FORT WAYNE, Ind. (WFFT) - As of Monday, Nov. 9, there 262 people in Northeast Indiana who are hospitalized due to COVID-19.
Health officials say they are growing more concerned that if the novel coronavirus continues to spread like it is now, the healthcare system could be compromised.
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There are 273 sites across the state.
The blue ones are Optum sites and you do not need insurance.
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Allen County Health Commissioner Matthew Sutter, M.D., says "The hospitals are starting to feel the strain."
Right now, hospitals are not doing anything different, and there's no change to the current visitor plans. Sutter explained, "They're not having to change their normal operations, they’ve not exceeded their surge capacity, but if these trends continue, they certainly could."
Vashal Bhatia, M.D., Regional Chief Medical Officer with the Lutheran Health Network says on Friday, the network reached the highest number of COVID-19 hospitalizations than at any other time during the pandemic at 110. They have since dropped to 100. However, he explained they’re currently on plan A, saying the hospital group is continuing to care for both COVID and non-covid patients.
If they start to reach capacity though, Bhatia explained part of their plan, saying "We will convert other rooms so we can convert them into COVID care zones and again. Then there’s a plan C and then there’s a plan D, and then at that stage, you get to a non-conventional mode of care for patients and we talk about surge capacity and disaster management."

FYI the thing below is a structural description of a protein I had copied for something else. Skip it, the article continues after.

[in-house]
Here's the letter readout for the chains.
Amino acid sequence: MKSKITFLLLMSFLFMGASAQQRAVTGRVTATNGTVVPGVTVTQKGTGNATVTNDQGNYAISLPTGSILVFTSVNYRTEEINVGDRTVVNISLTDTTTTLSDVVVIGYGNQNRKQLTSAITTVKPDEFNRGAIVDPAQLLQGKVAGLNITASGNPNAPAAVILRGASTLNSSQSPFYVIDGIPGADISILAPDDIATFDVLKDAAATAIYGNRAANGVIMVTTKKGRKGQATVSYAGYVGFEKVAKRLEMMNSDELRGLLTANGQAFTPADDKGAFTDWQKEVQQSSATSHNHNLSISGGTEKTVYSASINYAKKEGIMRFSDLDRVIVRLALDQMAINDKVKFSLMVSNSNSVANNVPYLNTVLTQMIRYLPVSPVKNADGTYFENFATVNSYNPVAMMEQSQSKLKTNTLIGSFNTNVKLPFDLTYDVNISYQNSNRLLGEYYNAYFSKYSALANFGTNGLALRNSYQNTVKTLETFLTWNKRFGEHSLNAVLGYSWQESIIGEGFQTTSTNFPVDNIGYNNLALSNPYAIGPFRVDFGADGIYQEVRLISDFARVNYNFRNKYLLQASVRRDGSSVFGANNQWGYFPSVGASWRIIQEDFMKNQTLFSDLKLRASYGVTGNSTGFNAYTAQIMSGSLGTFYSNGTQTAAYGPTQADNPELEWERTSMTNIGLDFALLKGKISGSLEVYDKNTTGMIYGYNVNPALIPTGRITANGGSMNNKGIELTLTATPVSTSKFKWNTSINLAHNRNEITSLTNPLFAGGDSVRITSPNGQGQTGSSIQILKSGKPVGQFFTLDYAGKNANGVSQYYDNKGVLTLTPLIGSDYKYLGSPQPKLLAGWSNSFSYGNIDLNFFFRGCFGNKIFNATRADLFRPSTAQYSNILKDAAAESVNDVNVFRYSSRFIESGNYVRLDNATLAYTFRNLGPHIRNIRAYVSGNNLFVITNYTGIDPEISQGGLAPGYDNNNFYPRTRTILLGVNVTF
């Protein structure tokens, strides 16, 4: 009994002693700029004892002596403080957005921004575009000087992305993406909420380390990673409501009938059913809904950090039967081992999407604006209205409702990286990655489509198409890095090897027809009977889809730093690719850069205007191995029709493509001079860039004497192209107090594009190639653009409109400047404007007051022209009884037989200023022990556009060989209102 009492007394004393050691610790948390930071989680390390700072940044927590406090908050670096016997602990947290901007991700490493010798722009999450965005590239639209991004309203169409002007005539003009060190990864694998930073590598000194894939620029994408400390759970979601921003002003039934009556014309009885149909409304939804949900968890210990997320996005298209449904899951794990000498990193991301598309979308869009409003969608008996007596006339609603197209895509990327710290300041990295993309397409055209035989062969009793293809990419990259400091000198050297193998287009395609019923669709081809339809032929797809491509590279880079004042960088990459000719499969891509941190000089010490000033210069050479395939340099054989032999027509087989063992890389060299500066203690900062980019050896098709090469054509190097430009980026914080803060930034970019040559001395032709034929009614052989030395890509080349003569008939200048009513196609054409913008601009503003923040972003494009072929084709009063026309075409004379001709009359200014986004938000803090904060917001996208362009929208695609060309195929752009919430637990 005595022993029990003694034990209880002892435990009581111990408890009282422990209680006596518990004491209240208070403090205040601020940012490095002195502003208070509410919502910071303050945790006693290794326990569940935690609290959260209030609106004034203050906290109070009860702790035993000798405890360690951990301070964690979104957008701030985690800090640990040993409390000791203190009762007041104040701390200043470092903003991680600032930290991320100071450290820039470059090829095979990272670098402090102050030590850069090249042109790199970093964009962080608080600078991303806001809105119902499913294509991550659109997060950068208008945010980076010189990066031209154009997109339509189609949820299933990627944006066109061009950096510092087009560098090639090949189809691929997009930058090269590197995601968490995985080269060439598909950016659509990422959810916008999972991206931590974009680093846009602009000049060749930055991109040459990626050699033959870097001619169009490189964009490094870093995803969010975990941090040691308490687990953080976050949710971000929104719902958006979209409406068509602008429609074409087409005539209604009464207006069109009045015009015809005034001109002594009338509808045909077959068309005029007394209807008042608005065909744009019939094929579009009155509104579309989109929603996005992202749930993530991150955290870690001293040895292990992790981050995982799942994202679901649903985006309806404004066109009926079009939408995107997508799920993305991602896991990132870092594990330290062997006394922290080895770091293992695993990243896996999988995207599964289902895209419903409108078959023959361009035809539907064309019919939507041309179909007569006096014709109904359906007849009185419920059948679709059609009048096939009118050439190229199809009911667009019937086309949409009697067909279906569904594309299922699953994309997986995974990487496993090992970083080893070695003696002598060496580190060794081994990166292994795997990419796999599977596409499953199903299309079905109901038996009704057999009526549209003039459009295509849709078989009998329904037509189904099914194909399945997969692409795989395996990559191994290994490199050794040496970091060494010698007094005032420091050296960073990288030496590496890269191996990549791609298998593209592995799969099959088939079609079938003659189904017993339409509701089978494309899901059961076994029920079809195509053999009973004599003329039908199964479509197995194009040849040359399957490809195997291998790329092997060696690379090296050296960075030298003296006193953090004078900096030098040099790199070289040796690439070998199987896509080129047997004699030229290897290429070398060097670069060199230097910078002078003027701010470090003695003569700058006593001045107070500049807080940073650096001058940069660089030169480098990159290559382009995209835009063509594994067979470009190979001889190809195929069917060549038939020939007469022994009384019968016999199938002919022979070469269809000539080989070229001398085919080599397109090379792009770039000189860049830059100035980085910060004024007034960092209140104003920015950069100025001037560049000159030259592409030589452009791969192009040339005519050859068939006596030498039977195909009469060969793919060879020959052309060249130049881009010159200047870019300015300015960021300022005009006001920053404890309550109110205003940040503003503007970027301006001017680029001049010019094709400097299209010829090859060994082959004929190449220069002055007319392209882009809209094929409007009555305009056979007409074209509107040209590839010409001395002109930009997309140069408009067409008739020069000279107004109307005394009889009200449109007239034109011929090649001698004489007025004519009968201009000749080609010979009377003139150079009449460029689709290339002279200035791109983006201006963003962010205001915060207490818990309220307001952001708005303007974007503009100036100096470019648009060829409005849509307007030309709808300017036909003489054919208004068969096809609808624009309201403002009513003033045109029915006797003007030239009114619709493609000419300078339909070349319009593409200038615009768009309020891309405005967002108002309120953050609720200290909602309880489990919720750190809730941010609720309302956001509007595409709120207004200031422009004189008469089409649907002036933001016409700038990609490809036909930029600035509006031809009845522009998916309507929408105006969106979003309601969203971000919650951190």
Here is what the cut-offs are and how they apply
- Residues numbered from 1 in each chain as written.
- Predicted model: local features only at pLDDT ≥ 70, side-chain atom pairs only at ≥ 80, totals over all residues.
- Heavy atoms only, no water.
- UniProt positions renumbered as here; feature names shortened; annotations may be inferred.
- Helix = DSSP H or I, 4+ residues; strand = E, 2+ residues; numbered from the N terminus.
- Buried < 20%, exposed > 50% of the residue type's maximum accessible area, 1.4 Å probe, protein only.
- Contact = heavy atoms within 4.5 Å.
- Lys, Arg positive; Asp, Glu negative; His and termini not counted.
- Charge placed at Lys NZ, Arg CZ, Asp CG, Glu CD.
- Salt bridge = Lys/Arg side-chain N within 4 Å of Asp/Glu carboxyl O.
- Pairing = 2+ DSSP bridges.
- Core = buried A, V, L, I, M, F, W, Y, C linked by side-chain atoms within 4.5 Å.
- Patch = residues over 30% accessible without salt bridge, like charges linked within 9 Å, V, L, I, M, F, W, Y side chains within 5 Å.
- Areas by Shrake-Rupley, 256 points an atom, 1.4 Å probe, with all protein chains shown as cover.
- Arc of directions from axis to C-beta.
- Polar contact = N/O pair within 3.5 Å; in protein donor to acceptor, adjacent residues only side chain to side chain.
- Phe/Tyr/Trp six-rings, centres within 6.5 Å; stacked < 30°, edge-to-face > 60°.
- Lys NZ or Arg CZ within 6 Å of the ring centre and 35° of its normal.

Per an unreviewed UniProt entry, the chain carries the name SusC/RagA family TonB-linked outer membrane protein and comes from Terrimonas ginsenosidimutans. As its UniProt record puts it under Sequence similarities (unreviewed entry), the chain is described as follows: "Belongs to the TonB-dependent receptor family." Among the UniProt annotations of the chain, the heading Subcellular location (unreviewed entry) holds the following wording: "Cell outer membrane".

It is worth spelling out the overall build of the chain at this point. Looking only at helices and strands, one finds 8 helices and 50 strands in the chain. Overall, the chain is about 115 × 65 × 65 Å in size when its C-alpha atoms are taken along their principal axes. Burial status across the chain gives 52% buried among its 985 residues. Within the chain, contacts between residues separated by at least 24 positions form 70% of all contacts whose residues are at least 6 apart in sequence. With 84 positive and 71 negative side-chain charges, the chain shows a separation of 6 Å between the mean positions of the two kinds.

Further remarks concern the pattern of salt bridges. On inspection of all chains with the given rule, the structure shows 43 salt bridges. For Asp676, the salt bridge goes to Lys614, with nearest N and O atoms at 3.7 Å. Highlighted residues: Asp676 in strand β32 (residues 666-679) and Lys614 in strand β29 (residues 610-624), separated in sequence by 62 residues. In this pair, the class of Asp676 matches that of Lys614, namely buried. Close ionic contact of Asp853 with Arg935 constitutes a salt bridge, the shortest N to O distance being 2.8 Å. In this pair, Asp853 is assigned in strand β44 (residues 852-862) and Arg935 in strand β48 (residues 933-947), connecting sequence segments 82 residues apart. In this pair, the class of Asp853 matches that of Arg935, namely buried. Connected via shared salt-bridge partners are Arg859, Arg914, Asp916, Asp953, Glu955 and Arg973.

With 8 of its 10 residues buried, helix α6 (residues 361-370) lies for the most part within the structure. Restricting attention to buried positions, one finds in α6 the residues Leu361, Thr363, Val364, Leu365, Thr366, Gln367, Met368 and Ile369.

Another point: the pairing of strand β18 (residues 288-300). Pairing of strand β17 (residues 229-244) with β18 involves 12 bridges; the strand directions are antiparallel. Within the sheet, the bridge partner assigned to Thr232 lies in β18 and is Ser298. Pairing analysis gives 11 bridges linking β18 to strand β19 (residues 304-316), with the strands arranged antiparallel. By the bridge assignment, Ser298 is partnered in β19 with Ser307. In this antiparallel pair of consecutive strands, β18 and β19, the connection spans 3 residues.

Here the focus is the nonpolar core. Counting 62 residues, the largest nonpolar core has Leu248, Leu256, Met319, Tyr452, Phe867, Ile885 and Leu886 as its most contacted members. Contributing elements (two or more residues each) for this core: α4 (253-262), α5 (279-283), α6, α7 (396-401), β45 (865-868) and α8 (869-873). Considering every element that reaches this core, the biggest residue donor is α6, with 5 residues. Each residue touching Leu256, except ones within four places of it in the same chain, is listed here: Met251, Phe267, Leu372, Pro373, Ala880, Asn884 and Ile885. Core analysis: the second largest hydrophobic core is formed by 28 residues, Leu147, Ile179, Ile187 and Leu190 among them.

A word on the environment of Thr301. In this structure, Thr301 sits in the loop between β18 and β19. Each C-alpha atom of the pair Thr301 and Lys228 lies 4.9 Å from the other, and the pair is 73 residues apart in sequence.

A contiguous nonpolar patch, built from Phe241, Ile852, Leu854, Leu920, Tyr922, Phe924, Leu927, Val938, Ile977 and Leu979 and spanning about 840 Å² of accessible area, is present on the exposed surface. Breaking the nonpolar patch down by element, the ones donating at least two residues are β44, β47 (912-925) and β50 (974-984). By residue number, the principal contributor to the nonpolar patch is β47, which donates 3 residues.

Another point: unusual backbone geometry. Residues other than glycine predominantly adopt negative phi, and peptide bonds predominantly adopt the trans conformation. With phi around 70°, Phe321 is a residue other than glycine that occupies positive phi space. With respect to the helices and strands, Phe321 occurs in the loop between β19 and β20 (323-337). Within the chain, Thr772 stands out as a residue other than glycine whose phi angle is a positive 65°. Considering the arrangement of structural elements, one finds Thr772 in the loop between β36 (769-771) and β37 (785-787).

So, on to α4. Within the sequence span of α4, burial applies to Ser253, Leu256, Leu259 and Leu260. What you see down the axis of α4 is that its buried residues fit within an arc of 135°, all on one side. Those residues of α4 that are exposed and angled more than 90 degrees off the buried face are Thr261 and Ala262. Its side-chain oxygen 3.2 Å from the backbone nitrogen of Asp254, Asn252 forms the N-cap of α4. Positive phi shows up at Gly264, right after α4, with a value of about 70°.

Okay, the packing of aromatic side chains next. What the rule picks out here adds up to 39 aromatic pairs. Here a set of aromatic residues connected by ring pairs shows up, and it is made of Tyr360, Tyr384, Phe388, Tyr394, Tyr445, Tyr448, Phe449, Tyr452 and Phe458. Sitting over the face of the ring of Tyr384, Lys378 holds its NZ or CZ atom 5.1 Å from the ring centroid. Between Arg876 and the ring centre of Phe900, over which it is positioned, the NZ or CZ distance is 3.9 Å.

The plan is similar at Parkview. A Parkview spokesperson tells FOX 55 they have the ability to move COVID patients to area facilities to remain below capacity, but they’re getting more concerned as they’re now caring for 50-70% more COVID-positive patients than at the peak in the summer.
However, Sutter says that the measure of surge capacity being the availability of ventilators no longer makes sense.
"Our surge capacity is really going to be about people to take care of the sick people," Sutter said. "As we start to see more spread in the community, we have more people who can’t go to work as nurses and respiratory therapists and doctors to take care of these sick people."
Parkview officials echoed that same sentiment, saying "When it comes to capacity, our most precious resource is staff. We’re seeing more co-workers being unable to work due to COVID exposure. The vast majority of those cases are coming from community exposure, meaning they’re being exposed outside of the workplace."
Sutter says the concern is mounting, saying "It would not surprise me if, by Christmas, we are seeing significant problems with the hospitals if the present trends continue, but again we have the ability to change that, but we have to change our personal behaviors."
Lutheran, Parkview, and the Allen County Health Department are continuing to stress the importance of mask-wearing, hand washing and social distancing.
But Sutter says with family holidays such as Thanksgiving coming up, which is when they tend to see COVID spread the fastest, he’s “gravely concerned” about a sharp increase in cases after the holiday since he says there’s no way for families to be socially distant and enjoy dinner because the indoor space isn’t big enough.